Let me make another trawl in the deep sea of reading which lies all around us and see what bright catch comes up.

* There is a scene in Edith Wharton’s The Age of Innocence when the lovers, Ellen Olenska and Newland Archer, meet in the old Metropolitan Museum in New York in a deserted room containing antique fragments from vanished Ilium. Ellen wanders over to a case: “It seems cruel that after a while nothing matters… any more than these little things, that used to be necessary and important to forgotten people, and now have to be guessed at under a magnifying glass and labelled “Use unknown.”

“Yes,” her lover replies, “but meanwhile.”
“Ah, meanwhile –”

* Why does one write, except for bread? I read William Faulkner’s answer: “Because it’s worth the trouble.” The force of that lapidary justification lies in its single minded focus on the internal processes of literary creation – what Flaubert called the writer’s “adventures” with words. It implicitly rejects the obvious incentives which impel anyone to do anything at all in life – such as the classic Freudian trio of money, fame and the lure of beautiful women.

* It is a rule of life that as one ages anxiety grows. In youth one feels safe and immortal. As the years lengthen that expectation fades to nothing. The dark angels of illness, accident, injury and death visit strangers, the friends of friends, friends, relatives, family, one’s most beloved and oneself – not necessarily in that order. Roger Fanning’s wonderful poem conveys the anxiety perfectly:

Boys Build Forts

Petrified teeth from some fierce – osaurus,

the rocks my friend Donny and I piled up

in the middle of a field to build a fort.

The wind through its chinks made a desolate sound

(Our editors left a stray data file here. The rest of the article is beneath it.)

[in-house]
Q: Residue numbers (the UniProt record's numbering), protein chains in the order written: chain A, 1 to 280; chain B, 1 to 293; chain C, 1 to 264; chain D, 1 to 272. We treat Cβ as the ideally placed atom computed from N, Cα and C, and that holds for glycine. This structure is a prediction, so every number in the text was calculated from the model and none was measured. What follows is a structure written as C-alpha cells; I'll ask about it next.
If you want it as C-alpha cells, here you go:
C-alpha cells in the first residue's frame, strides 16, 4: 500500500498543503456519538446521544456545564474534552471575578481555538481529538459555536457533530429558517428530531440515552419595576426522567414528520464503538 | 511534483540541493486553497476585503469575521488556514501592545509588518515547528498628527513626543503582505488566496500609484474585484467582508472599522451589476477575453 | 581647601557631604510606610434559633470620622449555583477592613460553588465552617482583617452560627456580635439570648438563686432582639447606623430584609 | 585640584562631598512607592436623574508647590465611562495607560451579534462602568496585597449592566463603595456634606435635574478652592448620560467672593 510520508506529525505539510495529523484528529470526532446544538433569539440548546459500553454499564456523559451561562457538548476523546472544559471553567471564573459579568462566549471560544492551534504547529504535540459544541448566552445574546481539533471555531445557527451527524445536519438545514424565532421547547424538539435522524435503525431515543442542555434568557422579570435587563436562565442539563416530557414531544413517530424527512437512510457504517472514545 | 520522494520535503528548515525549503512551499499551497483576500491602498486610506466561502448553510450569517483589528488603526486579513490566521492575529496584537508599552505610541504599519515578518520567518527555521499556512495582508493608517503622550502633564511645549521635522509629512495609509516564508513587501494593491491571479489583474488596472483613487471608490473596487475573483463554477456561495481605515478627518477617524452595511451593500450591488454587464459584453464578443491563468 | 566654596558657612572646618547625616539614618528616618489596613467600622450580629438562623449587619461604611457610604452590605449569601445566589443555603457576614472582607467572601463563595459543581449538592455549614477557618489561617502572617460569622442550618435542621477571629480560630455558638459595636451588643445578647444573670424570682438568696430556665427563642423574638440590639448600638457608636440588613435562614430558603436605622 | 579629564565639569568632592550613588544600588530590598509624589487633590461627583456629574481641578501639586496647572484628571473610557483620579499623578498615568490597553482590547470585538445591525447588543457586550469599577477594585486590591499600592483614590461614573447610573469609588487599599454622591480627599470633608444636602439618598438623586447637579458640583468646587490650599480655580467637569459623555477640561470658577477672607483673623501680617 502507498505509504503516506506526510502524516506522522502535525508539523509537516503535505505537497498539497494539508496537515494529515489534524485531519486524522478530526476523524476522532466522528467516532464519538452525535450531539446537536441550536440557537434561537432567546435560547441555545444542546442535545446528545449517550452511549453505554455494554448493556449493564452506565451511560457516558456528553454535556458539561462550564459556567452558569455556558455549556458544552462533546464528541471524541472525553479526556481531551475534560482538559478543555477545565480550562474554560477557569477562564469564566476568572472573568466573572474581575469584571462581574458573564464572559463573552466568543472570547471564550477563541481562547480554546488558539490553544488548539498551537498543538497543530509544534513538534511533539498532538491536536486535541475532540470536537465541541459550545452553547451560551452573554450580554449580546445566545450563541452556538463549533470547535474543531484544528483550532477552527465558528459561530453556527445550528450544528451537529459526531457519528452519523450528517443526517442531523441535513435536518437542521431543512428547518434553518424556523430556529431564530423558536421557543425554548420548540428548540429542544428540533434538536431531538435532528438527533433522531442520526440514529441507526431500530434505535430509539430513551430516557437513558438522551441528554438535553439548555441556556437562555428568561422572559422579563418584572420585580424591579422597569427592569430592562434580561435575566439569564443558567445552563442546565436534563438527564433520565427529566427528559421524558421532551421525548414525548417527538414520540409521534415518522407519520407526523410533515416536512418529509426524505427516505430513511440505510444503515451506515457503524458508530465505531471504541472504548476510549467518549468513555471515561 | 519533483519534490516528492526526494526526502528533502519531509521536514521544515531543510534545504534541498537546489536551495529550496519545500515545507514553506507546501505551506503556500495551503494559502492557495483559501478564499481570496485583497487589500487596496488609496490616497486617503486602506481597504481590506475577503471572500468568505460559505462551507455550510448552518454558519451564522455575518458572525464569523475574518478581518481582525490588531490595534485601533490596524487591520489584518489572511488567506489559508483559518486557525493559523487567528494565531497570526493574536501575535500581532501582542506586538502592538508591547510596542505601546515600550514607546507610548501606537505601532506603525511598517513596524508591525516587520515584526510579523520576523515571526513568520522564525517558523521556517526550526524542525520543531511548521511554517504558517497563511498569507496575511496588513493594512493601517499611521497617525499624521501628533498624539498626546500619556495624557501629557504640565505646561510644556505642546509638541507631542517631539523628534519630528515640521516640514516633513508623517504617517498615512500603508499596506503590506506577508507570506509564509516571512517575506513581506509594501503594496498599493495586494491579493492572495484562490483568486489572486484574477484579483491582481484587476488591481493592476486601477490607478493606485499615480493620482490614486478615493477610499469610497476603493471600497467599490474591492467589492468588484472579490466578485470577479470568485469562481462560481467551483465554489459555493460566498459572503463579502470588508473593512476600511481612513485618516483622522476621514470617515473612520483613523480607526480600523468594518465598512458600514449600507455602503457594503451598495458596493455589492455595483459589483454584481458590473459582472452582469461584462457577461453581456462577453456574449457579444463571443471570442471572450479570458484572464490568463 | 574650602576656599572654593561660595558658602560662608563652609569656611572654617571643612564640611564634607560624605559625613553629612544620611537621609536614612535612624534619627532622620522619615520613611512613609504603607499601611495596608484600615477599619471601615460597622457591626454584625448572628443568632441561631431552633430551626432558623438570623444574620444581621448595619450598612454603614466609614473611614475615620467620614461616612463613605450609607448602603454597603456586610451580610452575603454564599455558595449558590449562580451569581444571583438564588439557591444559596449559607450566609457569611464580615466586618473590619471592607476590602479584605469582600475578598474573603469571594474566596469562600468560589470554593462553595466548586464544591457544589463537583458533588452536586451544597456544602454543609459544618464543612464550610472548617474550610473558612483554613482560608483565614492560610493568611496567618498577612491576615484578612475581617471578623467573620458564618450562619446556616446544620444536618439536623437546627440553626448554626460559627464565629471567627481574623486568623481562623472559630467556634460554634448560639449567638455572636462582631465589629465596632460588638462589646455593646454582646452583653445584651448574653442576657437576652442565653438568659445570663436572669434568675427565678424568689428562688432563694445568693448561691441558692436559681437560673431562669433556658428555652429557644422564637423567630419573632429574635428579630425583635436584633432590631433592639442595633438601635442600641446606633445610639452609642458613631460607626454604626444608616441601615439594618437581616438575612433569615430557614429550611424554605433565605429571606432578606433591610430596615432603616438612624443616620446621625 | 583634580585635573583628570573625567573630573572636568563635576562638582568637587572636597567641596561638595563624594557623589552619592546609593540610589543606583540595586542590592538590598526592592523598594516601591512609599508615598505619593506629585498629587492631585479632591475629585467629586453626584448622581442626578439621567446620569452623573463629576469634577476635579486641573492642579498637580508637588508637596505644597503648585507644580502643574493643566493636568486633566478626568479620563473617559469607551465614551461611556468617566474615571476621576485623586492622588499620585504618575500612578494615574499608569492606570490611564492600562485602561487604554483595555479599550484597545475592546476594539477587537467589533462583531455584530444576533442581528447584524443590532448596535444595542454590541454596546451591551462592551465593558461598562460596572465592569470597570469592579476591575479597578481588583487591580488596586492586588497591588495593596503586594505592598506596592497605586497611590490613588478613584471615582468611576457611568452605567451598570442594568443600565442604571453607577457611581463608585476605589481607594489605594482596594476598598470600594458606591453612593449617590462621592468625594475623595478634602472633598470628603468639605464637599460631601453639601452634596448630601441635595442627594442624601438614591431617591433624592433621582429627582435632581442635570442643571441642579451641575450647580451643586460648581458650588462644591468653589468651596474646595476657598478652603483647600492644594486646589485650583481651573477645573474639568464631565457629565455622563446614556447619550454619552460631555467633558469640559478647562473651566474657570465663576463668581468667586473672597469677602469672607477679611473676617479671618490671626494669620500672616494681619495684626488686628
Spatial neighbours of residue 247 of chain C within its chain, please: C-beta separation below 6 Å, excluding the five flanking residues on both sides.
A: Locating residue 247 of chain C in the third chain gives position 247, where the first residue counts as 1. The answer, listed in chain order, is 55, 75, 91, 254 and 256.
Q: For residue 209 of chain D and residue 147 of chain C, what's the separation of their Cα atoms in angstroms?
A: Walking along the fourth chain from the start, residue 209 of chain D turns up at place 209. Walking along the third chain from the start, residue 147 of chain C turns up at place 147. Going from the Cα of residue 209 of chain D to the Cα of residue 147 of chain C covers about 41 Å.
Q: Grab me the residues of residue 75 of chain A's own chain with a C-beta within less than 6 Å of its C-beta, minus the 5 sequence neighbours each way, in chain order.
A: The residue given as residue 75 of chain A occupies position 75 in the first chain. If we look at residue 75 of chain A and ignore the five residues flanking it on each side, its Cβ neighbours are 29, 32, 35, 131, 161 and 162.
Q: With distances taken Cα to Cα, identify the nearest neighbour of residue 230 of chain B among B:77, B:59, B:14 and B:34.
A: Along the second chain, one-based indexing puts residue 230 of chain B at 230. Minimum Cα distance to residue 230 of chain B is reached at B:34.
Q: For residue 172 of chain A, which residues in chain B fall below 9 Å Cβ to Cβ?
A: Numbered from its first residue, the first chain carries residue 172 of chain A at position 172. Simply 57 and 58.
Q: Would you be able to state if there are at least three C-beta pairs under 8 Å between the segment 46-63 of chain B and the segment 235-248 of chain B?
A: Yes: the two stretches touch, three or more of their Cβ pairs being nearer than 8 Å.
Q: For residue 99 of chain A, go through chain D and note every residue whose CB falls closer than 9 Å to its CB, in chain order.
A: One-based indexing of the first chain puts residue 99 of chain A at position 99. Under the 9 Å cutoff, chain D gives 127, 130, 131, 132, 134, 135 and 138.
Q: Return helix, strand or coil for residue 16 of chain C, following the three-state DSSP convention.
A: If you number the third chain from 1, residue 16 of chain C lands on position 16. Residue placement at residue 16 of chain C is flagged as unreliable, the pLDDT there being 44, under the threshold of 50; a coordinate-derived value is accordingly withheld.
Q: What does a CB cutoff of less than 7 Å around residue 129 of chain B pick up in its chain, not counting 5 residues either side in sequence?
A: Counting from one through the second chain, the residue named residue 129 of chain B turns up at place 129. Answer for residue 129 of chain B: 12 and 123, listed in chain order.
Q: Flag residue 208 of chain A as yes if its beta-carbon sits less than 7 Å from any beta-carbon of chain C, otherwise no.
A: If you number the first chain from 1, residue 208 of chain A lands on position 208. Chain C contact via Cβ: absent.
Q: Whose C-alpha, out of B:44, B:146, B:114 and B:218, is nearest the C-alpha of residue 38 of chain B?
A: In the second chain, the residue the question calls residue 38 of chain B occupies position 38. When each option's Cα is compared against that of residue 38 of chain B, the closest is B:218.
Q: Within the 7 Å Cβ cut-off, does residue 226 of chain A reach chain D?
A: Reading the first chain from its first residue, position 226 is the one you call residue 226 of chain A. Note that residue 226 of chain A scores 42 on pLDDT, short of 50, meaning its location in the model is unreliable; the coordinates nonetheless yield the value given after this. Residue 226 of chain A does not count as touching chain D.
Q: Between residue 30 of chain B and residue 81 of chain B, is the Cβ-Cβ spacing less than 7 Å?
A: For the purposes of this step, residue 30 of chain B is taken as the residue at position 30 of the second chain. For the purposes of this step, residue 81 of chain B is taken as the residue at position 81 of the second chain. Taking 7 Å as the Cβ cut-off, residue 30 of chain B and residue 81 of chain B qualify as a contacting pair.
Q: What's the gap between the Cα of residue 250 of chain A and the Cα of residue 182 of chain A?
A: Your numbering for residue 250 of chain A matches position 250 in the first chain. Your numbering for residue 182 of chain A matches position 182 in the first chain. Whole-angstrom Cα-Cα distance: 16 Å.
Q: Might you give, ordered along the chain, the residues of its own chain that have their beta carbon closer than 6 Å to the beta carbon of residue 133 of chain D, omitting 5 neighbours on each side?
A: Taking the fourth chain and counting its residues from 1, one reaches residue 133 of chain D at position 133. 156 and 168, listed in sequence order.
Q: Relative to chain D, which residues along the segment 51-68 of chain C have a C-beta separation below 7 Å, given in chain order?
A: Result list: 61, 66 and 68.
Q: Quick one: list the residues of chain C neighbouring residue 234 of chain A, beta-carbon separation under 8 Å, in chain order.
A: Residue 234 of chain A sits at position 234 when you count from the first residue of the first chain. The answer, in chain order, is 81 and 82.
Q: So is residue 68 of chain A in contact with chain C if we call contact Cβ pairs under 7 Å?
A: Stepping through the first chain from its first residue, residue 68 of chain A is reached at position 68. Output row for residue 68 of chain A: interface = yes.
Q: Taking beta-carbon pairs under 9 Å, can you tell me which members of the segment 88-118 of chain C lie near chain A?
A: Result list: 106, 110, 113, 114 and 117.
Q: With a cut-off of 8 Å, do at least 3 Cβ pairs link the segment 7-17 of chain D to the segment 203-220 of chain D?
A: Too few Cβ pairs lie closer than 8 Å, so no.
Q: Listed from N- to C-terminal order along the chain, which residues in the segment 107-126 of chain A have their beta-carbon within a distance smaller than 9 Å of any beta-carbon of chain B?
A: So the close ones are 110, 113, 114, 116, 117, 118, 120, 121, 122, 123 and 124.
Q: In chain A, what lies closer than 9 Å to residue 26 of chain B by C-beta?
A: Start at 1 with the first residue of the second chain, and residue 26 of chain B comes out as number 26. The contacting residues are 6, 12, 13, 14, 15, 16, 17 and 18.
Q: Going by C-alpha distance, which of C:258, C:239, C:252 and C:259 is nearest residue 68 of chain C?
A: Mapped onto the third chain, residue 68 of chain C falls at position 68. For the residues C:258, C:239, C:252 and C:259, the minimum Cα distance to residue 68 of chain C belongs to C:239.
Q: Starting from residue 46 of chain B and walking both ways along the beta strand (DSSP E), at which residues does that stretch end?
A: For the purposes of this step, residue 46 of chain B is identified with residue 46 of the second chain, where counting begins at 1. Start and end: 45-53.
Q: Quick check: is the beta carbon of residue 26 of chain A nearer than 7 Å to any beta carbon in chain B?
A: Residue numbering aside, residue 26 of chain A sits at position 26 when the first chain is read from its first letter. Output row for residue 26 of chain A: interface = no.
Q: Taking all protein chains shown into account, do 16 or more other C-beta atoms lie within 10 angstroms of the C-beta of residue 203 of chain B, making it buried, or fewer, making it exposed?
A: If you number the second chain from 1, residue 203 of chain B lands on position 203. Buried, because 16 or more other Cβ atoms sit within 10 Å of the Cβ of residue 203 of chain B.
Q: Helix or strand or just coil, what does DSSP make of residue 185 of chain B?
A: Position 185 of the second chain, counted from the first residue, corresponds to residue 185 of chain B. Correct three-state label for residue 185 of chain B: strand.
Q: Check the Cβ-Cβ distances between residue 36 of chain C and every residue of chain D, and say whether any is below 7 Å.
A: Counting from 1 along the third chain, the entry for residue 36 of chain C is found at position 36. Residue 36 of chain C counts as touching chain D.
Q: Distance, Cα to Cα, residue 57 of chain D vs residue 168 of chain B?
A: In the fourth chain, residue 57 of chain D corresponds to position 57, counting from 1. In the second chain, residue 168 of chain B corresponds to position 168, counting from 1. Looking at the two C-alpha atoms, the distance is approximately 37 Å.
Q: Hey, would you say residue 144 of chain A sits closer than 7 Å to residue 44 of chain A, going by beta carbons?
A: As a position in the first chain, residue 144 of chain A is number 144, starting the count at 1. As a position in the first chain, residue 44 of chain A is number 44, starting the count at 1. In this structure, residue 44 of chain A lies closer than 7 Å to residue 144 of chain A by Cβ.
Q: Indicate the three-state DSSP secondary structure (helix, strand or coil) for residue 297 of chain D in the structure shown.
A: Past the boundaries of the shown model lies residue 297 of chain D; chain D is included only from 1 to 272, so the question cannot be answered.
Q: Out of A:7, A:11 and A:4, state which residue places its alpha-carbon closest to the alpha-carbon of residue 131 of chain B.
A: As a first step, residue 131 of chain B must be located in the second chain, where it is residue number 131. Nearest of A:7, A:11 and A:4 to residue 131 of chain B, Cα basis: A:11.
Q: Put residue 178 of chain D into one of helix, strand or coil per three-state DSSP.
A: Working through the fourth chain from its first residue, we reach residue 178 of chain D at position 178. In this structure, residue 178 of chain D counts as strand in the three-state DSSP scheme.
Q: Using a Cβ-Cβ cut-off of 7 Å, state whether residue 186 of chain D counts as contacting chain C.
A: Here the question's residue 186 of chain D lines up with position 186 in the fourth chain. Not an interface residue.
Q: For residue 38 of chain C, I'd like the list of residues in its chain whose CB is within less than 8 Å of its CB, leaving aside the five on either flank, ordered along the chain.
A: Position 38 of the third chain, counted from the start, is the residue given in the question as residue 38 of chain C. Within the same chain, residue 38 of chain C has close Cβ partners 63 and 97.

I loved. We could have been out on the tundra,

bone-tired from tracking musk oxen all day.

It thrilled me to crouch in a cow pasture

and dream I could live here. I pictured

a cook fire, a skillet, two fried eggs

agog at my good fortune… Years later,

during puberty, I saw Charles Atlas

ads in the back of my comic books

and thought those muscles would look fine

on me. It was the same idea of building

a fort, the same ideal of self-sufficiency….

Of course it’s a crock. My parents are gone.

They left me a furnished house, everything

I pictured for my fort, and more: mildew

that wears marching boots, a roof that leaks. I see

how things stand. I see how people get sick.

Every body that walks this earth

and all the ways we try to feel safe:

all are bound to fall apart. My sweet father

and mother, both dead. That cold creeps in

and I feel as though a bear has torn

my chest open, and ravaged the frail

honeycomb built there by my folks,

and left me in a field to fill with snow.

* Yes, it is true, at my age the deaths around me are too commonplace. A dear friend’s beloved daughter dies and I am heartbroken for him. A snatch of despair from an old Norse saga echoes in my mind from long ago:

It is bad with me

now, the Wolf, Death’s

sister, stands

on the headland,

but gladly, without

fear and steadfast, shall

I wait for Hel,

goddess of death

Yet I must remember, and in the end I hope he too will realize, the truth in Albert Camus’s phrase: “happiness, too, is inevitable.”

* Samuel Pepys is the best, and by far the most entertaining, diarist who ever lived. Browsing in his great diary I find an entry for March 10, 1666, which sums up what happens to nearly every ambitious or a successful man or woman: “Thence home and to the office, where late writing letters; and leaving a great deal to do on Monday – I home to supper and to bed. The truth is, I do indulge myself a little with pleasure, knowing that this is the proper age of my life to do it, and out of my observation that most men that do thrive in the world do forget to take pleasure during the time that they are getting their estate but reserve that till they have got one, and then it is too late for them to enjoy it with any pleasure.”

And this trawl ends with a look into Isaiah Berlin’s The Sense of Reality. He was the shrewdest of political thinkers and one of the most lucid and convincing writers who ever lived. He damns those who would dazzle and bemuse us with their simplifications. “To claim the possibility of some infallible scientific key when each unique entity demands a lifetime of minute, devoted observation, sympathy and insight is one of the most grotesque claims ever made by human beings.”

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